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Blended learning empowers engineers for life

By upending the structure of undergraduate courses, blended learning not only harnesses the convenience of online lectures, but helps students benefit from a sturdy educational principle.

“You learn something better by teaching it to someone else,” says Erica Hagen, who earned her BS in geological engineering at UW-Madison and currently researches engineering education as a PhD student.

The blended learning model frees up in-person class time for collaborative learning. Rather than lecturing, professors interact with students individually and in groups, modeling problem-solving approaches. In turn, students end up teaching each other, which Hagen calls “reciprocal learning.” When they do this, they aren’t simply reciting course materials; they’re getting their minds inside the workings of processes and problems.

“We’re making learning time more efficient,” she says. “They’re encouraged to ask questions and take their conversations to greater depths.”

Currently, the departments of Geological Engineering and Civil and Environmental Engineering offer undergrads four blended-learning classes each. Several take place at the Wendt Commons WisCEL space, which is designed to foster collaborative learning.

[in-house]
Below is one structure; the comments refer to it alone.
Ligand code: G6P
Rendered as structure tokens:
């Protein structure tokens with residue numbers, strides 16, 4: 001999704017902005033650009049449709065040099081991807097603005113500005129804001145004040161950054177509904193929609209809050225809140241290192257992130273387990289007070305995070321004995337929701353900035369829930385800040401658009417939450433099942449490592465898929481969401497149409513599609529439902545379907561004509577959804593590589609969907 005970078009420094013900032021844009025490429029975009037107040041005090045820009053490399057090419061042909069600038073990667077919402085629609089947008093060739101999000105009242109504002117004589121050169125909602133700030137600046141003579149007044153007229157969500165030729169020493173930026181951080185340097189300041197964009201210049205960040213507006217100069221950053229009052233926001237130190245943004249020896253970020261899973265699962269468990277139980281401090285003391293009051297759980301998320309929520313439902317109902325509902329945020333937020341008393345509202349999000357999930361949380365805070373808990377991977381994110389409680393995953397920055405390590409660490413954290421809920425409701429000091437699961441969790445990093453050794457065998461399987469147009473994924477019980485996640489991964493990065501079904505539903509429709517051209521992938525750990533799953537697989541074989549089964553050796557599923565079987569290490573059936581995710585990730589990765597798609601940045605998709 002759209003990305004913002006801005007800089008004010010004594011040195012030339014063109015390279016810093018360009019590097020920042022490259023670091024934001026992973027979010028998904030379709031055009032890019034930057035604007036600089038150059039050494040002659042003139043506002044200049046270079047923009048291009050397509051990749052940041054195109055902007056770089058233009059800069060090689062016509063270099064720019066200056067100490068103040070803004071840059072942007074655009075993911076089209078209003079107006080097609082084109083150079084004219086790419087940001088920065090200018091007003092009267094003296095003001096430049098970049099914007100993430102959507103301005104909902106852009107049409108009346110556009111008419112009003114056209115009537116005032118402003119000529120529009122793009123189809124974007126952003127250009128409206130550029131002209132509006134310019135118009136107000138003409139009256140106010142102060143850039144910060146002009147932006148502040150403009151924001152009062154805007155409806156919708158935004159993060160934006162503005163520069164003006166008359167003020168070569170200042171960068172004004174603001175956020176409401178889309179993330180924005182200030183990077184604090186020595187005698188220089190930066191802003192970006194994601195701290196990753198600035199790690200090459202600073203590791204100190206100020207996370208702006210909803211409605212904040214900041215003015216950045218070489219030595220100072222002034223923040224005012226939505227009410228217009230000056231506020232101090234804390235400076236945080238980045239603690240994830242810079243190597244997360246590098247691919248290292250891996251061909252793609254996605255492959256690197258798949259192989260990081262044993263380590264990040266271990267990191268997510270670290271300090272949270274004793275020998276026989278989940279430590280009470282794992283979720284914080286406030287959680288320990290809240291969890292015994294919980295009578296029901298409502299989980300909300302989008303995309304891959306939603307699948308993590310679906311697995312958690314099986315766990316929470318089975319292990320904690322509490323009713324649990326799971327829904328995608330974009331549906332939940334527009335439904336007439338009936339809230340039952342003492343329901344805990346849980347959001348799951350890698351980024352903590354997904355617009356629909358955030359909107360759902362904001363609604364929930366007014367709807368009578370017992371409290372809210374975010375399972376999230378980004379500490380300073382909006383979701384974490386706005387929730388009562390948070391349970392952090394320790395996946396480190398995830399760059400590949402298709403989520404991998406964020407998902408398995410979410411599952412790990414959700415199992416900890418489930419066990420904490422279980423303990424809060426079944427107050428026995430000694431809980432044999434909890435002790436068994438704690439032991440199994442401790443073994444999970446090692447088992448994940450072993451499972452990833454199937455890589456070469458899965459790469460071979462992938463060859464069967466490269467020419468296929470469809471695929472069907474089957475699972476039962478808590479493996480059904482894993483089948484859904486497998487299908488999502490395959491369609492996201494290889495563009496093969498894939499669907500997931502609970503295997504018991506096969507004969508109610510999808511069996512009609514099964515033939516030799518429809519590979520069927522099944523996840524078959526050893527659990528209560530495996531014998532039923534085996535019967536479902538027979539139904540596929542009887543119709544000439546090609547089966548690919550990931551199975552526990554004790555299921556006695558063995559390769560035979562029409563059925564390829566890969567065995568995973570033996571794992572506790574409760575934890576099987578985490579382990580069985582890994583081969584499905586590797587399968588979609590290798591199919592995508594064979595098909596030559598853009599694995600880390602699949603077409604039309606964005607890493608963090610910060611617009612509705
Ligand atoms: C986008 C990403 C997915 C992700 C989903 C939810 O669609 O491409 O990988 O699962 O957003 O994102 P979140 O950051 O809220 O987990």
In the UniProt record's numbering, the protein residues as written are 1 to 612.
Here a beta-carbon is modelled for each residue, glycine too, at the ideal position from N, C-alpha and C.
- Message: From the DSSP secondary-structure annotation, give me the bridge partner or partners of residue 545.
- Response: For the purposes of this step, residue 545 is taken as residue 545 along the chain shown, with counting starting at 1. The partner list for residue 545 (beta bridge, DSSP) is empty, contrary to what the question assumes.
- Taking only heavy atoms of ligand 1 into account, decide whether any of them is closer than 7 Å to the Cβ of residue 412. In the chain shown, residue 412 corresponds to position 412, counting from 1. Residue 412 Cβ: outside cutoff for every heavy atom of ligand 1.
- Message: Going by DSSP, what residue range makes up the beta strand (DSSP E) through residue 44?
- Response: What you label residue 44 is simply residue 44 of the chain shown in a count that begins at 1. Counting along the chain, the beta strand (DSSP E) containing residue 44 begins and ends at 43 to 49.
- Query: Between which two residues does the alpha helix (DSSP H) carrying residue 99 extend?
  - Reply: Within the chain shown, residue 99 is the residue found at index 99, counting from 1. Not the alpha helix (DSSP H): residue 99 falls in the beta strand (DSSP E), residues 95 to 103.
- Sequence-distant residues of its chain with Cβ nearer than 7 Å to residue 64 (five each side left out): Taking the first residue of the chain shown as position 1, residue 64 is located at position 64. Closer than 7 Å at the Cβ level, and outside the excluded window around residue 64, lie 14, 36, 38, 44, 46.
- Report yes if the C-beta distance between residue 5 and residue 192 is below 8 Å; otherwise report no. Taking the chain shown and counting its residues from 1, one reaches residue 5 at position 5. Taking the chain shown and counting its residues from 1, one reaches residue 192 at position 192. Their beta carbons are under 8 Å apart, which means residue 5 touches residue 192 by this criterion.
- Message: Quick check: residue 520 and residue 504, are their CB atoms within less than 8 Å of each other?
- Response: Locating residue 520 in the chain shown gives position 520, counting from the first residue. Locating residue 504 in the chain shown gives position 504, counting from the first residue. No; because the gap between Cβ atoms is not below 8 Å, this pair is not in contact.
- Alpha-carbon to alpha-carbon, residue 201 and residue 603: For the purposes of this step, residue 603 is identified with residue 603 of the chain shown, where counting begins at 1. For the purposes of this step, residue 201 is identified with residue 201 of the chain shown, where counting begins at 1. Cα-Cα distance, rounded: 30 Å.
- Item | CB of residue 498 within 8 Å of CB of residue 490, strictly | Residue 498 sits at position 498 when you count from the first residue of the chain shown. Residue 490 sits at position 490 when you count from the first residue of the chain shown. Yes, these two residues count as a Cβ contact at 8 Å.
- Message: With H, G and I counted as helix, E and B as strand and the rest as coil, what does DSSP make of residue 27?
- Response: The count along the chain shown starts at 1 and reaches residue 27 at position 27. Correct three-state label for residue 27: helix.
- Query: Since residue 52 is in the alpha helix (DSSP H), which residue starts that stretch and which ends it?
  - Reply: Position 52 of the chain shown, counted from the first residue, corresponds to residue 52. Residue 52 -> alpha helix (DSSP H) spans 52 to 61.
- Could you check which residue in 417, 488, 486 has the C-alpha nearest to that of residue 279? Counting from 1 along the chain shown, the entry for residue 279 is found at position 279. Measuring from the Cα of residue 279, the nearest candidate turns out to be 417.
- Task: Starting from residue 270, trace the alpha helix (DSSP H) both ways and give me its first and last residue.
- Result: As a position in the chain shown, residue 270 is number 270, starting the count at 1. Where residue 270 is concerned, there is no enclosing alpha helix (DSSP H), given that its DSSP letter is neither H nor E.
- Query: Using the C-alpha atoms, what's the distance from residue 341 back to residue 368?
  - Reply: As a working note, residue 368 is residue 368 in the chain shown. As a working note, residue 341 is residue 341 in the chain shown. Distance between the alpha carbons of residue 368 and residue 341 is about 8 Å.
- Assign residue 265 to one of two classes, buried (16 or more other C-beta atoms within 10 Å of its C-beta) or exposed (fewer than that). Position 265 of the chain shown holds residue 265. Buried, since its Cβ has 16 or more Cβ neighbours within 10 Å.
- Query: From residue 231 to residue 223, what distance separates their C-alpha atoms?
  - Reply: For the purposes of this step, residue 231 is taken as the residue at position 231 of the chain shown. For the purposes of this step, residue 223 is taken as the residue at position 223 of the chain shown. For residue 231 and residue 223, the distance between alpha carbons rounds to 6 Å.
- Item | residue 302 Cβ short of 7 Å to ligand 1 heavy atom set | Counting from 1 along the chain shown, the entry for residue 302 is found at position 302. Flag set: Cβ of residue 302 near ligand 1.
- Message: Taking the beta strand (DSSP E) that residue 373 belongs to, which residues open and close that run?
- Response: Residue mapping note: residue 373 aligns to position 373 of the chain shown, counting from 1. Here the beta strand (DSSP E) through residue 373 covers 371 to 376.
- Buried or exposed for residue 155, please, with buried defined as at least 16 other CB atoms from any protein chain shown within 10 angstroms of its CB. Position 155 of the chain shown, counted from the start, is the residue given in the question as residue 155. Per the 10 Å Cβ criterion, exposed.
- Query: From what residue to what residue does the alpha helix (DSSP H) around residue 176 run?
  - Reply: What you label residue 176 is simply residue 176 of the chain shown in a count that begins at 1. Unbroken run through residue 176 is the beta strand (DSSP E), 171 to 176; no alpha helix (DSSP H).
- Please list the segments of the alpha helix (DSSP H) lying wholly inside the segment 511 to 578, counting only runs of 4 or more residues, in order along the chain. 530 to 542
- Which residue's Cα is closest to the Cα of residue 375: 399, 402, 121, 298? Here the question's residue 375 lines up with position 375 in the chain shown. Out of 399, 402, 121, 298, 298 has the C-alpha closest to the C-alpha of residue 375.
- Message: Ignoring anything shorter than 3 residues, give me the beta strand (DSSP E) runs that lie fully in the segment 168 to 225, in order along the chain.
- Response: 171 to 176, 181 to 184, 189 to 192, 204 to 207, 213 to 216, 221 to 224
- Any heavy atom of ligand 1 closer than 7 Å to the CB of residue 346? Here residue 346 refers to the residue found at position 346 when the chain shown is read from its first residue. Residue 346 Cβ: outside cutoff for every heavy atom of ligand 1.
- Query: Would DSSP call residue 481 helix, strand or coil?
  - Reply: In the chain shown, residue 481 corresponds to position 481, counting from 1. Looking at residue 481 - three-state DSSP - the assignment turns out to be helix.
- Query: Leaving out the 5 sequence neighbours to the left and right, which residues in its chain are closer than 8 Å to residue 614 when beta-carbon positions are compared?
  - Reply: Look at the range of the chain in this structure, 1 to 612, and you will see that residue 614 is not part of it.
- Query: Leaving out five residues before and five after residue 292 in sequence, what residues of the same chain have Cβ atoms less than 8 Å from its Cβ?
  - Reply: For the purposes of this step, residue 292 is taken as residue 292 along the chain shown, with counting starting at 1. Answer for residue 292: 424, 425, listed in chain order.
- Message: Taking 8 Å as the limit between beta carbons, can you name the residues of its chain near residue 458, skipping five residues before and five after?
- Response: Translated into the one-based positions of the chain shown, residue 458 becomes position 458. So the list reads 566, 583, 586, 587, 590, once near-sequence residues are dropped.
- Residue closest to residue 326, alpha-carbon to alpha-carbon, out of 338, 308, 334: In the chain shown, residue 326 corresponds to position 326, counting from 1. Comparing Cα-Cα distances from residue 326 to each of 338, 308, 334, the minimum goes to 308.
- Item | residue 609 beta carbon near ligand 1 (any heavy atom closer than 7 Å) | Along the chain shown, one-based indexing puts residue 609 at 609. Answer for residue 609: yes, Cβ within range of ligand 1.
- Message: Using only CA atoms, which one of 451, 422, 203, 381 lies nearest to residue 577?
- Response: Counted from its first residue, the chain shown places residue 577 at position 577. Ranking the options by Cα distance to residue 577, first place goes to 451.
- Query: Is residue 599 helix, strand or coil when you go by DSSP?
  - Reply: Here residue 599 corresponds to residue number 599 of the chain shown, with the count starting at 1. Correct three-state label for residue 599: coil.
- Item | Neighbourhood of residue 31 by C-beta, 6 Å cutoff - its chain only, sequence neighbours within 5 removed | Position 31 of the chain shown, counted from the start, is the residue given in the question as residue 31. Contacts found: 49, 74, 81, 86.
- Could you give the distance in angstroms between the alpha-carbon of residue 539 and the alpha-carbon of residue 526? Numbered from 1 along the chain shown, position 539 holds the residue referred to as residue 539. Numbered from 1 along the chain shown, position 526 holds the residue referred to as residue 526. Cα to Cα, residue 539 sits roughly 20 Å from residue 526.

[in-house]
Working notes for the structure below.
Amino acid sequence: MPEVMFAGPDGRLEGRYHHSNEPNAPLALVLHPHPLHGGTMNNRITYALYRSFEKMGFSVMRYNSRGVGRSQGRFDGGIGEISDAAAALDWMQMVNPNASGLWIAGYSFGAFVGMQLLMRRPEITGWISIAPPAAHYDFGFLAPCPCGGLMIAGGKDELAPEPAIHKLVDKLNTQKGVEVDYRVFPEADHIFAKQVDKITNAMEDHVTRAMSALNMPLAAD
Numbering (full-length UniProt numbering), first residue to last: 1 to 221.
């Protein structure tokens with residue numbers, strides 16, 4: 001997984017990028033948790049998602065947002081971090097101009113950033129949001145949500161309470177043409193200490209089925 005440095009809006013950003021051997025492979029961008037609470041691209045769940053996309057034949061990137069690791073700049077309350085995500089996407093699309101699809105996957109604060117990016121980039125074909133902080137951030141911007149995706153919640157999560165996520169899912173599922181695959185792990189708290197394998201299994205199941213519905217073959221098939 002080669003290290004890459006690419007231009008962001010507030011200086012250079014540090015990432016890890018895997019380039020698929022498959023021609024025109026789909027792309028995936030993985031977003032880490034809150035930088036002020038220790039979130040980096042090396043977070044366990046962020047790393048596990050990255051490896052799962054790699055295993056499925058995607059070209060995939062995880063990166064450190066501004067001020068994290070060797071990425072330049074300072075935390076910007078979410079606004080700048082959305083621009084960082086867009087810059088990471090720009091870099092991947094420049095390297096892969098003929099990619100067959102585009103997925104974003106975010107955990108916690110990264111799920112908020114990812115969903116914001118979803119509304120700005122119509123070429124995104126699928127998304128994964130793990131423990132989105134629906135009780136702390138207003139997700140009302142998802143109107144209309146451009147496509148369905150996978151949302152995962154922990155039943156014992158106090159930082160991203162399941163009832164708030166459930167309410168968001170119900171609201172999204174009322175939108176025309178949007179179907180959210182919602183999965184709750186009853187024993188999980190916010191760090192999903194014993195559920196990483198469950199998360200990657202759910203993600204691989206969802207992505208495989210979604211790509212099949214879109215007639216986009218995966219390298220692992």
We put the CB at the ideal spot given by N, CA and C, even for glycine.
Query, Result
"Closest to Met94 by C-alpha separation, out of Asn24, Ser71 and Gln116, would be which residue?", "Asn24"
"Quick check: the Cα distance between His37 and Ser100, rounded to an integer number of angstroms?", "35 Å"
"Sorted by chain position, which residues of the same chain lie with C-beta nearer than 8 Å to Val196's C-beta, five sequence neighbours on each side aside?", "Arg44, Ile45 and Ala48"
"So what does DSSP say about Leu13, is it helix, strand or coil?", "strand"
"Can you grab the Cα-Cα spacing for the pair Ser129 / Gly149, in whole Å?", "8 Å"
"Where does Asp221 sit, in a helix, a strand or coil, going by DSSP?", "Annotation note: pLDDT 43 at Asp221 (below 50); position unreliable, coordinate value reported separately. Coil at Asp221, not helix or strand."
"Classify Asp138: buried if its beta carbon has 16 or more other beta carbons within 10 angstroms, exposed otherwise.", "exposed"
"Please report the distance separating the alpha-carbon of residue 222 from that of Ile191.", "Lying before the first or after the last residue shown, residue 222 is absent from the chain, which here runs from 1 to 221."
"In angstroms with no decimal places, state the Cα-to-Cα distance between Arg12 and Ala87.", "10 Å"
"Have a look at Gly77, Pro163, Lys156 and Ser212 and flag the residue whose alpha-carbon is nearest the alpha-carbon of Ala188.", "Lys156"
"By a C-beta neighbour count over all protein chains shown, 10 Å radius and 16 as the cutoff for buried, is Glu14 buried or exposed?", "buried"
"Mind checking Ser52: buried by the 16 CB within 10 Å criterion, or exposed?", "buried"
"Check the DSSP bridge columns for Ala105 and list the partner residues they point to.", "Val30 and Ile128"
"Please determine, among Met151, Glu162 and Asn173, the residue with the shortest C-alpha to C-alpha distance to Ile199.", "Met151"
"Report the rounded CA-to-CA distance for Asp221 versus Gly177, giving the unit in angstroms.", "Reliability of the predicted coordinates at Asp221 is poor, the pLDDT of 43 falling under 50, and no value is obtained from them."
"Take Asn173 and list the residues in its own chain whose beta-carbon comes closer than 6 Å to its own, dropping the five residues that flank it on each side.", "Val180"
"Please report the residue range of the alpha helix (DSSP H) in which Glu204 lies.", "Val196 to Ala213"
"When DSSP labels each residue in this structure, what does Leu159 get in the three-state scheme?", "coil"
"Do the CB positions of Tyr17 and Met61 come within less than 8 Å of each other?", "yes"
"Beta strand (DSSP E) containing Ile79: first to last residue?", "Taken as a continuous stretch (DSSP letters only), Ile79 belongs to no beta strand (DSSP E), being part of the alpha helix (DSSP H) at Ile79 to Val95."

To “flip” a course challenges both instructors and students to get out of their academic comfort zone.  The course can require considerable re-working, and donor resources are used to help offset the initial costs for conversion such as development of online materials like lecture videos.

Wisconsin Distinguished Professor Craig Benson, chair of CEE and GLE, says donated resources also make it possible for people like Hagen to thoroughly study the impact of blended learning. What they find, Benson says, is that it gives struggling students greater opportunities to be successful and gives top students a greater opportunity to excel.

“Students learn more quickly and effectively, and faculty can deploy the course at lower costs,” Benson says.

Perhaps more importantly, Hagen is confident this approach to education will pay off for students long after they leave UW-Madison.

“When we look at what engineers have to do after they graduate, they have to do a lot of learning on the job,” Hagen says. “This blended learning format is trying to mimic that.”

Scott Gordon